Even the new schedule proved optimistic. As the fall months wore on and the project continued to slip, Sorenson and her marketing team realized that they would not meet the critical Christmas season deadline. Much of the latest delay had been caused by interaction between the product design and new automated assembly equipment that the manufacturing organization had installed. In order to meet product cost targets, manufacturing had chosen to move to an automated assembly system that would significantly reduce variable cost on the product. However, while design engineering was aware of the manufacturing plan, there were many subtle details of product design that conflicted with the capabilities of the automated equipment. These conflicts only surfaced late in 1990 as attempts were made to run full prototype units on the automated equipment. These problems required additional product redesign and slowed the completion of prototype testing.

Engineers eventually corrected the problems and prototype testing was completed in February 1991. While compression of the schedule had made product and process engineering operate in parallel, the completion of prototype testing did not mark the end of design changes nor the alleviation of production problems in pilot production.

Although Sorenson and the marketing group were happy to see the product make it through prototype testing, the fact that it was almost a year late had serious consequences for its potential attractiveness in the market. Sound quality and features were adequate and the cost and pricing were in line with expectations, but some of the product's aesthetics were out of synch with recent market developments. Thus, during the spring and summer of 1991 marketing pushed through a redesign of the product's exterior package to make it more attractive and contemporary. This caused some delays as engineering put through a crash program for new tooling and testing, but the redesigned exterior was put into production during the early fall. While the design of the new exterior was being developed, the manufacturing organization struggled to debug the new equipment and achieve consistent levels of quality. By September the plant had solved most of its major process problems and attention was shifted to increasing volume and filling channels for the 1991 Christmas season.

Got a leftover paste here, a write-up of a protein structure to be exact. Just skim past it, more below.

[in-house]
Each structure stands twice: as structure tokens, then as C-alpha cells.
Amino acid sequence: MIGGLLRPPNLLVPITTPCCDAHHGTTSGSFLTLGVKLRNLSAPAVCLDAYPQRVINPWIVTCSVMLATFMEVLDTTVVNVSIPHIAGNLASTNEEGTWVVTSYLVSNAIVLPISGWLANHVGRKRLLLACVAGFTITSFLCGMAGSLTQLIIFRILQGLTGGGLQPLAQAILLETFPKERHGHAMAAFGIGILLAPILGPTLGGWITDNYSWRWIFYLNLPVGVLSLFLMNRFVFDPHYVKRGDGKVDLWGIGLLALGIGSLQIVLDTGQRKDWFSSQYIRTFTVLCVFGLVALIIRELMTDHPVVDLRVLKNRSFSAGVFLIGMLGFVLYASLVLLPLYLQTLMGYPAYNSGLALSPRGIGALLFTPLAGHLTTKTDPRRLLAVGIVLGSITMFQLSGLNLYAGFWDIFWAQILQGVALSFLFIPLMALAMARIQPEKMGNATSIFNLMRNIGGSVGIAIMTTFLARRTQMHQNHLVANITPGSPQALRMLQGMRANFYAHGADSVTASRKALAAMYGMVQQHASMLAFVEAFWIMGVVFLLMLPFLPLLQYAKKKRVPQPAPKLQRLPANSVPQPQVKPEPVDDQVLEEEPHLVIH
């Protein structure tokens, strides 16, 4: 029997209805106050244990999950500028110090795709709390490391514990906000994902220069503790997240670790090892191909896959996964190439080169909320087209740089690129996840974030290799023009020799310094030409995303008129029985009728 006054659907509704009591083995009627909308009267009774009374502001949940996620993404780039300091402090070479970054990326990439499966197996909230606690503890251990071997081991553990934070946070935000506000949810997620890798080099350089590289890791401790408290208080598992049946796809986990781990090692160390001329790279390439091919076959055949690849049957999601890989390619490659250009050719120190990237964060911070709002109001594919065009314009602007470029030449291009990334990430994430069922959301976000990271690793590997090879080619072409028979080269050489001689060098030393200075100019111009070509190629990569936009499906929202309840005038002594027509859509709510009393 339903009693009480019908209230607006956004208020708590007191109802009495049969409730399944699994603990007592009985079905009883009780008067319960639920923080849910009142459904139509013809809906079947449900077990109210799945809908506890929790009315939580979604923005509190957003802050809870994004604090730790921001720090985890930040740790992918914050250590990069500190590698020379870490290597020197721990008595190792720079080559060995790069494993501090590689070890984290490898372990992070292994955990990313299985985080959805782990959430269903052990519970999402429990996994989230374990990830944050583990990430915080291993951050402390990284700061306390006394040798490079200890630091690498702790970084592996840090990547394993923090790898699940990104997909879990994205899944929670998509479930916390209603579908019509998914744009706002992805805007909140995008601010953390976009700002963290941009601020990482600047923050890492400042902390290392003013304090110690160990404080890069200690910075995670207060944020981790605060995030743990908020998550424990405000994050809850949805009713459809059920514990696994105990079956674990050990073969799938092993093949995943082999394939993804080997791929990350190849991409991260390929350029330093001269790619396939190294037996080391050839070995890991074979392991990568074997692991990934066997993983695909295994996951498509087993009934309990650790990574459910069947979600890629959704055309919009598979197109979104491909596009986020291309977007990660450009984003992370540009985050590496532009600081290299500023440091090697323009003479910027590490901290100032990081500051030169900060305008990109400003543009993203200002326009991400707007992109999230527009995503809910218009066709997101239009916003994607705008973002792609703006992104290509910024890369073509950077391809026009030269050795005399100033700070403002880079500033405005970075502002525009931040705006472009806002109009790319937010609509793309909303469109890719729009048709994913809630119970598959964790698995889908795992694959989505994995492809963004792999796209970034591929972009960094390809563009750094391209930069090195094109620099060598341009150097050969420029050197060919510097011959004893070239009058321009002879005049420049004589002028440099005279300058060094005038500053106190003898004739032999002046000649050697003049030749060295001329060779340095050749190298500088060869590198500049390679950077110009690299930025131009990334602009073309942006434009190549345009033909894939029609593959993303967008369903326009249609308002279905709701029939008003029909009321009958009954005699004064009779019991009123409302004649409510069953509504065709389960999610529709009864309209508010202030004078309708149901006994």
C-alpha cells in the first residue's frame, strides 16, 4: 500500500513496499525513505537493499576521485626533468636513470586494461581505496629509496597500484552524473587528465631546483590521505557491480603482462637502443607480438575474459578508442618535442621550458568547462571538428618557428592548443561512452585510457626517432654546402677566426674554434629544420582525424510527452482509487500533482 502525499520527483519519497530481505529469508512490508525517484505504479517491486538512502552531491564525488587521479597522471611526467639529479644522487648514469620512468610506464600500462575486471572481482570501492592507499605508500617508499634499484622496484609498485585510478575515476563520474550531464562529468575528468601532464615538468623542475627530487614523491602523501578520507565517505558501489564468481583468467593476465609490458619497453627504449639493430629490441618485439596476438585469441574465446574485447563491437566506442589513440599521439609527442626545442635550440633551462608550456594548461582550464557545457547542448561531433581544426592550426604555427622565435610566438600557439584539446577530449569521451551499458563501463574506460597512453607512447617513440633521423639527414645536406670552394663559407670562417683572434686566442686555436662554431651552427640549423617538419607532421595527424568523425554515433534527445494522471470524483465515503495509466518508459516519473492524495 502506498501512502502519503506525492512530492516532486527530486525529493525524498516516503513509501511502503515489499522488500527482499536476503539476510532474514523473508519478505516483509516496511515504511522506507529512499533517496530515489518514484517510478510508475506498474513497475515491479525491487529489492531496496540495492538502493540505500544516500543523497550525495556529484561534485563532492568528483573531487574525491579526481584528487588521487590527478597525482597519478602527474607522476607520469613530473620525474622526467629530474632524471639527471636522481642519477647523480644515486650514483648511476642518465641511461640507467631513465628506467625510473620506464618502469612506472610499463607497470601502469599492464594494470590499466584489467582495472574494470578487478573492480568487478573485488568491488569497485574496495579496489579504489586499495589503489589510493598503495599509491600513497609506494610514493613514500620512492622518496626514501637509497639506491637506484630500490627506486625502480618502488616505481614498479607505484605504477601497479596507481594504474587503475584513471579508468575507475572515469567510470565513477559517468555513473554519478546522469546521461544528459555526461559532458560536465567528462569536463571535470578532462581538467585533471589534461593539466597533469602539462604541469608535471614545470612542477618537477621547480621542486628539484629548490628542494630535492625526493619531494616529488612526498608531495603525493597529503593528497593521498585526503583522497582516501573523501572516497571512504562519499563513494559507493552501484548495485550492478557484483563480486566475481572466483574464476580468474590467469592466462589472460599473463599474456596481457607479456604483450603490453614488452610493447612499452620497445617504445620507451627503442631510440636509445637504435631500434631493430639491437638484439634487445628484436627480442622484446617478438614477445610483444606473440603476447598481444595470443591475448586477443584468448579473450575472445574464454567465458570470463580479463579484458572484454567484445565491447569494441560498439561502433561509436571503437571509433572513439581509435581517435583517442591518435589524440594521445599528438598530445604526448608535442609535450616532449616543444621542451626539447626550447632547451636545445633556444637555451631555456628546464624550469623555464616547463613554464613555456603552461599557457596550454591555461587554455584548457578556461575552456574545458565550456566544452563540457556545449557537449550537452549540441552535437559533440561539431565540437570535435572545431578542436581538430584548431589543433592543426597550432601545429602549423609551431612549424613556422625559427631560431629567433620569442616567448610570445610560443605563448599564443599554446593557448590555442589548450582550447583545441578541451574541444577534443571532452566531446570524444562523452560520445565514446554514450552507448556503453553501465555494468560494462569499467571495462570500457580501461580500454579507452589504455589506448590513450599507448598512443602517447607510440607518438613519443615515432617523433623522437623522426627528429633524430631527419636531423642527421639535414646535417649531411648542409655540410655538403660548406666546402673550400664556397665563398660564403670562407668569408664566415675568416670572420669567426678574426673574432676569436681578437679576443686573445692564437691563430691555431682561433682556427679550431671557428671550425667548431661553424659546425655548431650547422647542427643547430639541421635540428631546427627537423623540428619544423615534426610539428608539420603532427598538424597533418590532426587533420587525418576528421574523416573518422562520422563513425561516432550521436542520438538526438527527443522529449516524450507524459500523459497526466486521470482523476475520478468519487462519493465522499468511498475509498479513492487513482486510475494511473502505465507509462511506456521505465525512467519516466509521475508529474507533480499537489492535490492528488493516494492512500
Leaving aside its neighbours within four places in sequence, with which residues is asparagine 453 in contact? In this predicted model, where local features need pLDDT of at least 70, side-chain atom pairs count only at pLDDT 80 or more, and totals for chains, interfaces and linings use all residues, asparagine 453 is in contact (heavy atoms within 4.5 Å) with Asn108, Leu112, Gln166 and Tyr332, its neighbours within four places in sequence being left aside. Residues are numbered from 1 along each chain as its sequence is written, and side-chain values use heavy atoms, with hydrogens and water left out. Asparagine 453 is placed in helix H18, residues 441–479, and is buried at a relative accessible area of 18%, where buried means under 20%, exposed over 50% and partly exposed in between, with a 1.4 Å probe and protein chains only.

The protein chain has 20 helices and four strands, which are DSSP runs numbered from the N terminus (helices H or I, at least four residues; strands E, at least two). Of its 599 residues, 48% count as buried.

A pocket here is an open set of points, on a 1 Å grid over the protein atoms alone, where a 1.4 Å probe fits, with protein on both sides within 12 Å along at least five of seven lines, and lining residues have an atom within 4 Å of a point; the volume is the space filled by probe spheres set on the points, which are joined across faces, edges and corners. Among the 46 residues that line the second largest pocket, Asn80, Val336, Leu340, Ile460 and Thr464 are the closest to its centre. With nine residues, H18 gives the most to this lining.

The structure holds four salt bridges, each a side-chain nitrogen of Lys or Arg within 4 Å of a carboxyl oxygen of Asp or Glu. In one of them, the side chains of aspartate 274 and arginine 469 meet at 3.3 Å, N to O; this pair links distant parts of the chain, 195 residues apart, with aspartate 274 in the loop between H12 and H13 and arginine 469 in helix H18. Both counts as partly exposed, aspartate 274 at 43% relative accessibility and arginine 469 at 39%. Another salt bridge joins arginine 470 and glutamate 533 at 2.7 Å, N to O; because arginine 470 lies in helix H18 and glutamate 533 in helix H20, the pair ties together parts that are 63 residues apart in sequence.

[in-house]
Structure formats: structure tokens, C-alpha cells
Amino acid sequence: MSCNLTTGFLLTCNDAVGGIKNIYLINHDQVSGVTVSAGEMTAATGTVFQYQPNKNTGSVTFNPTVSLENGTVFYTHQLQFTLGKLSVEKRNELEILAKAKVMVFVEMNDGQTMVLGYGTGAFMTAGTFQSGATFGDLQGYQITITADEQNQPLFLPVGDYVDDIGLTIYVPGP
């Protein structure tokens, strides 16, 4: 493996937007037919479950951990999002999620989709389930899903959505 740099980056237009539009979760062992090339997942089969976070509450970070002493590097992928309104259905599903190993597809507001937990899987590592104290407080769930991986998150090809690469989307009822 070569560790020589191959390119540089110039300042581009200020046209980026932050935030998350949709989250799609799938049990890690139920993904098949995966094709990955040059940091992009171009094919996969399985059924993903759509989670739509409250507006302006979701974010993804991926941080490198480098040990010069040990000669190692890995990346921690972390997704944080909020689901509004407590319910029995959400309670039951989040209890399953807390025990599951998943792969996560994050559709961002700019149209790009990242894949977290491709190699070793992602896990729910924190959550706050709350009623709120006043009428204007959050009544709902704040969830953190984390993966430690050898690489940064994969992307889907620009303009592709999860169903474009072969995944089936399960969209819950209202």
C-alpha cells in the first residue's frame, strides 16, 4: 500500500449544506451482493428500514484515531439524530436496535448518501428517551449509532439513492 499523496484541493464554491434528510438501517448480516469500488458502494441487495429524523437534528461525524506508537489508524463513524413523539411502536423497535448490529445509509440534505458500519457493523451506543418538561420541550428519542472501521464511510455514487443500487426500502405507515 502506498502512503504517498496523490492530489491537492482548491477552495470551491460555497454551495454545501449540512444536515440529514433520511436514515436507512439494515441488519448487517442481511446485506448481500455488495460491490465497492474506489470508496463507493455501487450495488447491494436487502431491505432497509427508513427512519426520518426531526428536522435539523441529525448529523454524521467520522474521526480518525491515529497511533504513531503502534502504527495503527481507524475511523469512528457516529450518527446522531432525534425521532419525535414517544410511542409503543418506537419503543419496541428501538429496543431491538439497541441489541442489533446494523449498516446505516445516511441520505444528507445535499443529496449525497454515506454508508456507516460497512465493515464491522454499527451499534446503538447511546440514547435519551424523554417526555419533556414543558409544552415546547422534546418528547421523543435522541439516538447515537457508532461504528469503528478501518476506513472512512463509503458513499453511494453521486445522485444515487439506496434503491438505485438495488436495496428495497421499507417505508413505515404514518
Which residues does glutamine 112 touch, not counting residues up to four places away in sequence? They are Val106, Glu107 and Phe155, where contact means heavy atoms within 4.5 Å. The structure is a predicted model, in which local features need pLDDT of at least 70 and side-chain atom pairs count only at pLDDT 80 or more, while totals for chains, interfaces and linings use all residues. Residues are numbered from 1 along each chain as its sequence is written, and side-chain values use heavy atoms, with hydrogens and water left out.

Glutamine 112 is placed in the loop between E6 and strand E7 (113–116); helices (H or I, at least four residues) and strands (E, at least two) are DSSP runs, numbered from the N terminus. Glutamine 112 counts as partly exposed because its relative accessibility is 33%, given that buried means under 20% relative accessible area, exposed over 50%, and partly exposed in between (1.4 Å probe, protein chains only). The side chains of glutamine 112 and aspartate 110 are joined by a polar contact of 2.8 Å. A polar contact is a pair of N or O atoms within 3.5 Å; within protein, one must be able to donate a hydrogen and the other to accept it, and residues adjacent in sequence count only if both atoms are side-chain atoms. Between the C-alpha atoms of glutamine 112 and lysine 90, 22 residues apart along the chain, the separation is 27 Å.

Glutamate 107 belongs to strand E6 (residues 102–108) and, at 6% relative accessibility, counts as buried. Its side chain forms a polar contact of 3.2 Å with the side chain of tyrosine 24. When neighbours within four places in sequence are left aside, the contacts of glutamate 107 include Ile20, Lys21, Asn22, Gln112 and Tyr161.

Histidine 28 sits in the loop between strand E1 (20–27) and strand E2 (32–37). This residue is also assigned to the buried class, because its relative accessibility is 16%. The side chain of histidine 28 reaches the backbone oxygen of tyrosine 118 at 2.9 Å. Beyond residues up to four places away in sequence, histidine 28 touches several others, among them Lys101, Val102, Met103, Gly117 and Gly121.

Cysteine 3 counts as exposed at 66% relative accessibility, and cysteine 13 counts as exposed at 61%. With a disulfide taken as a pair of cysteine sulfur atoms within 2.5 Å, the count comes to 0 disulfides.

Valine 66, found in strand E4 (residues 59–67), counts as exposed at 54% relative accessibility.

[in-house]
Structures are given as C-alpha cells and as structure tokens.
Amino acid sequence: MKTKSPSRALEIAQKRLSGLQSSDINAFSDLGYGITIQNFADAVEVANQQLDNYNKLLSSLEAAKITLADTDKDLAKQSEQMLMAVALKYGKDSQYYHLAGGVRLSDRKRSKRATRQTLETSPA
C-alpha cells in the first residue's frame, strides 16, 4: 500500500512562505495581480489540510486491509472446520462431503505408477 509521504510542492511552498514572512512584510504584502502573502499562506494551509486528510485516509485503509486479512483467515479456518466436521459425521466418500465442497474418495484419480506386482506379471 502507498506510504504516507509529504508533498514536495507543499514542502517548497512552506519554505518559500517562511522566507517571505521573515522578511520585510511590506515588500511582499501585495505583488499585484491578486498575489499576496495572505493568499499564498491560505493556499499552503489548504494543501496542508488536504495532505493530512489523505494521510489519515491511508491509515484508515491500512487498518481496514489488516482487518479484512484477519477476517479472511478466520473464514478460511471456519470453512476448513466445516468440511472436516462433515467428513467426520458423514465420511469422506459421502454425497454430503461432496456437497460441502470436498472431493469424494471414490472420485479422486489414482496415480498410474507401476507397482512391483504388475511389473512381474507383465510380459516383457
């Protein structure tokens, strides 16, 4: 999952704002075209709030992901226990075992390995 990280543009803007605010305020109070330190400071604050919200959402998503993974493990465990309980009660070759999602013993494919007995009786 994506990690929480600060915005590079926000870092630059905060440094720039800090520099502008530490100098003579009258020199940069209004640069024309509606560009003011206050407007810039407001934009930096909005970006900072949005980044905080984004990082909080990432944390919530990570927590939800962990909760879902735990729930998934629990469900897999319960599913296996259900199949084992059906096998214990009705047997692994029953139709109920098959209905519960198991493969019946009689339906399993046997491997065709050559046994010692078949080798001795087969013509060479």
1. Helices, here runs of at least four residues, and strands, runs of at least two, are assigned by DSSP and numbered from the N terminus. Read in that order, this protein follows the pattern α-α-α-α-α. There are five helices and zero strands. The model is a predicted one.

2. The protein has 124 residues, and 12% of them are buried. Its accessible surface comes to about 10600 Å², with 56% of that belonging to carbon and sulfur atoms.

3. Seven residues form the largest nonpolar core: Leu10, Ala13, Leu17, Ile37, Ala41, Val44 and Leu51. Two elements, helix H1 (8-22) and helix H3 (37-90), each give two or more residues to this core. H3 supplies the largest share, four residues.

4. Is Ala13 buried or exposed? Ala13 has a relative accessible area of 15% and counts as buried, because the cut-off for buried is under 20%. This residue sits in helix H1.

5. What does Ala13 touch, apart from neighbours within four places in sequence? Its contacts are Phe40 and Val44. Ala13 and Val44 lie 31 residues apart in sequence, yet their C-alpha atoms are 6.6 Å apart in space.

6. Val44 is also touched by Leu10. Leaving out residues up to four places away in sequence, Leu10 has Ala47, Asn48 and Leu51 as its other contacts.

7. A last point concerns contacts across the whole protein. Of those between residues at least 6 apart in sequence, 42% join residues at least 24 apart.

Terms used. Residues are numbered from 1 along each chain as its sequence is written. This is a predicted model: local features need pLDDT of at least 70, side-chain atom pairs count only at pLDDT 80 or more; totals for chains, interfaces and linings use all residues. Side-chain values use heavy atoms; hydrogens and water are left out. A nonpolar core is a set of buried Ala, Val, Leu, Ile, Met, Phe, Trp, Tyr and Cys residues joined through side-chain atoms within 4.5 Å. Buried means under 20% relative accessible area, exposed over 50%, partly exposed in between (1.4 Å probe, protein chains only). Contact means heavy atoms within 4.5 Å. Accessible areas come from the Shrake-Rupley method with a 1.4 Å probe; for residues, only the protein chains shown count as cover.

Market acceptance of the new product was satisfactory, but did not meet the projections originally laid out in 1989. Further, the engineering and manufacturing organizations soon found themselves confronted by a large number of field-identified quality problems. Exhibit 1-4 documents the engineering change history of the product from the beginning of pilot production to its post-Christmas sales period. As the exhibit suggests, there was a flurry of engineering change activity shortly after the product went into commerical production and the manufacturing organization struggled to achieve target levels of yield and volume. Many of these engineering changes were intended to improve manufacturability. The significant peak in March 1992 reflected consumer experience with the product following the Christmas season. In February and March of 1992 design engineering launched a crash program to solve several field problems with product reliability.

The Characteristics of Effective Development

The experience of Northern Electronics with the Al4 stereo system is not a pathological example. It reflects experience that is all too common in the world of product and process development. The failure of the Al4 project to meet its original potential and expectations was not due to a lack of creative people, management desire, technical skills, or market understanding. The company had excellent marketing information, good relationships with its dealers and customers, recognized competence in engineering and design, and was known for its technical expertise. The A14's problems were rooted far more in the inability of the organization to bring together its insight and understanding and the expertise of its people in a coherent and effective way. In short, the Al4 had problems because Northern lacked critical capabilities for integration.

Column 1 of Exhibit 1-5 summarizes typical characteristics of problematic projects like the A14, and column 2 identifies some of their implications. Problems on the A14 were rooted in the nature of the development process and its organization and the absence of a coherent and shared cross-functional plan for competing in the compact stereo market. Different functional groups (e.g., marketing and engineering) had different agendas and there was no organizational process to resolve issues before they surfaced throughout the phases of the A14 development effort. This led to delays and miscommunications throughout.